It will be important, however, for Kyagulanyism to upstep the political literacy and political development of its members, if there is a critical mass of people who can understand its aims and purposes as well as its evolving ideology. Both educated and uneducated Ugandans need to be politically literate and politically developed. Otherwise, they might collectively and collectively think that change simply means replacing President Tibuhaburwa Museveni with Kyagulanyi Ssentamu. Indeed, this has in the past, been the tendency since Idi Amin removed Apollo Milton Obote from power through the barrel of the gun.
To use President Tibuhaburwa Museveni’s concept of “fundamental change”, there must be fundamental change in the collective mindset of Ugandans, not in the mindset of a few for greedy and selfish ends of acquisitiveness, dispossession and displacement – the current new imperialism in Uganda involving black people who grabbed the instruments of power through the barrel of the gun.
It will be important for Kyagulanyists to remember that one of the cornerstones of Musevenism is that a mere piece of paper – the ballot paper – cannot remove President Tibuhaburwa Museveni from power. You don’t need to ask me what can. Although the president said he was like a quarter pin of a bicycle, which goes in by knocking and comes out by knocking, people power, involving no guns, can bring about change using elections organised by a reigning political regime.
Not long ago, Mzee Namungalu Magemeso, 75, once the boss of Uganda Television, told me of a story of how people power alone removed dictator Ferdinand Marcos from power in Philippines.
Marcos derived his long stay in power, not from the people but from the barrel of the gun and USA, like most dictatorships of the world have. One day Marcos ordered the killing of the opposition leader, Aquino, which was carried out at the country’s airport. The opposition in Philippines, determined to bring an end to Marcos’ dictatorship, collectively asked Aquino’s widow – Corazon – then a housewife wife, to step into her husband’s mantle. She enthusiastically agreed. Most likely Marcos was preparing one of his sons or his wife to take over from him.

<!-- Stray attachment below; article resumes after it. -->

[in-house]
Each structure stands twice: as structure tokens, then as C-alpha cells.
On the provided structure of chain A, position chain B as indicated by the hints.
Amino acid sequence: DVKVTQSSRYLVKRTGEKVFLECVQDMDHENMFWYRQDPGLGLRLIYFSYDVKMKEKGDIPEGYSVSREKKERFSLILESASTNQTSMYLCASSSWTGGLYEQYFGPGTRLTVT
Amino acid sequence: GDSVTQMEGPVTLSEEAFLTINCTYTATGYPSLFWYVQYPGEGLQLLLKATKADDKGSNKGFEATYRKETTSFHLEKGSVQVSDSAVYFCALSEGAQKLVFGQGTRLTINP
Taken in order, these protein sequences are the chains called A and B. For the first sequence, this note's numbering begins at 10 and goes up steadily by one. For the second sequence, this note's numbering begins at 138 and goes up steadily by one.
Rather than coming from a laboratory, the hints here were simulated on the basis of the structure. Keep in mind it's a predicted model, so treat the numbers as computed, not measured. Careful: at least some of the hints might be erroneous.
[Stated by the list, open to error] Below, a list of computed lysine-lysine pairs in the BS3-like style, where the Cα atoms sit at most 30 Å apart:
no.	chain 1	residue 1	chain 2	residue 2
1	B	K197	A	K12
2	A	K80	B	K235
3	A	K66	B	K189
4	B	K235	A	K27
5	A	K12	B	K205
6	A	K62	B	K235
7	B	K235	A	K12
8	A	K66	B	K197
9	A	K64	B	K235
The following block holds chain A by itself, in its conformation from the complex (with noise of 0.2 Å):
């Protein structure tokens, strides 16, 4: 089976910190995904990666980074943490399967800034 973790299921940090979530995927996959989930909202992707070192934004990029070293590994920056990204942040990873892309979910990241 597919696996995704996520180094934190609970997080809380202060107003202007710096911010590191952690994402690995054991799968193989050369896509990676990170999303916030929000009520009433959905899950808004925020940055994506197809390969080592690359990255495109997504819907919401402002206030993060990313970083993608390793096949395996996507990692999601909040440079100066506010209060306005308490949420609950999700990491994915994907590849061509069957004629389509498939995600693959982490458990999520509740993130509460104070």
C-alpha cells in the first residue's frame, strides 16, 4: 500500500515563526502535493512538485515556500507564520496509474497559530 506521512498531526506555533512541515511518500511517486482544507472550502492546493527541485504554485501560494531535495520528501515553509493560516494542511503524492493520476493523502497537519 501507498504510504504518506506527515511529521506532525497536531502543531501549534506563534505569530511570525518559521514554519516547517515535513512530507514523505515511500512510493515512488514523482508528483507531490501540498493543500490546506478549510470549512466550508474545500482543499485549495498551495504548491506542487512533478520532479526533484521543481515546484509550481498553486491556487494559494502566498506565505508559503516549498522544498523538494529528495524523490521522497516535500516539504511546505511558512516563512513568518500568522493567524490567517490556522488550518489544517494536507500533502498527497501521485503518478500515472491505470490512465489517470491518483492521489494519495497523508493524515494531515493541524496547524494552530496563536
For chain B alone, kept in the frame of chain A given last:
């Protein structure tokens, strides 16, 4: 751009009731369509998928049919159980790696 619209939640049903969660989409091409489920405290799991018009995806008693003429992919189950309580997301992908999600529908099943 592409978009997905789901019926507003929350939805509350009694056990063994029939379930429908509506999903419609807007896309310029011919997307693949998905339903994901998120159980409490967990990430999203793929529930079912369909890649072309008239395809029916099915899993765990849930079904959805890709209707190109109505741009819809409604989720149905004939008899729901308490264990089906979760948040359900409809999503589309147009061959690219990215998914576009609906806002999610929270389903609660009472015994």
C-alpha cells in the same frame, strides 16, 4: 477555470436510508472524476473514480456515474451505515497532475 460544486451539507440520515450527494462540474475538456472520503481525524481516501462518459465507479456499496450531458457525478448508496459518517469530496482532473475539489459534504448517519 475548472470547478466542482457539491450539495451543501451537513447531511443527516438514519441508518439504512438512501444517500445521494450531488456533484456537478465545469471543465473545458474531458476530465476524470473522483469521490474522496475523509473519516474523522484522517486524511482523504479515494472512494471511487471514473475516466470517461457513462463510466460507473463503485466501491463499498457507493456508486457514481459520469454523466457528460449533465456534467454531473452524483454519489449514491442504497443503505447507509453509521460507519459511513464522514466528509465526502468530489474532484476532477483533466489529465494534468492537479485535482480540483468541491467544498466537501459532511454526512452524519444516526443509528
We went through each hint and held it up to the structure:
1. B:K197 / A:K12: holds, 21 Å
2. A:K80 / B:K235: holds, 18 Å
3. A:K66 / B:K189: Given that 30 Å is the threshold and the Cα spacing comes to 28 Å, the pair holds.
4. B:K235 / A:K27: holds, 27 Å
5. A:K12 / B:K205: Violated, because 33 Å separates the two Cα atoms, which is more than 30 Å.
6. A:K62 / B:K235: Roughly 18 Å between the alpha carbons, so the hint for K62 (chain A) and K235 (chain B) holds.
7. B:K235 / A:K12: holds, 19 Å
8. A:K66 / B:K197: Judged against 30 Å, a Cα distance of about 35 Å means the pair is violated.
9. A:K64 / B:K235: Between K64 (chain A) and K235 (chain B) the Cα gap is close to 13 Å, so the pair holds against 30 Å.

In a show of people power base, Corazon Aquino told Marcos to call a general election if he thought, believed and was convinced that he was still a popular leader of Philippines, and not just a ruler hiding behind the gun to impose himself on the people. Marcos wondered how a mere housewife could defeat him in an election. Arrogantly he called the election and was soundly defeated by the woman he derided as housewife wife.
Marcos and Aquino were simultaneously sworn in as president on different Hills because Marcos refused to hand over power to her. Aquino called a million people to the city of Manila to witness her swearing in and escort her to State House to occupy the seat of power. Completely unprepared for a million people escorting their new president to State House, soldiers previously loyal to Marcos were mesmerised and just looked on. The guns were rendered useless.
It became clear that the USA was the one imposing the dictator on the people of Philippines when a helicopter from the superpower came and landed on top of the State House to whisk Marcos and his flamboyant wife, Imelda Marcos to the USA. Marcos died in Honolulu, USA”.
For Uganda, we must continue to ask: How much more will Musevenism endure in the country under the growing and proliferating Kyagulanyism, knowing fully well that nothing lasts forever except God!?
For God and My Country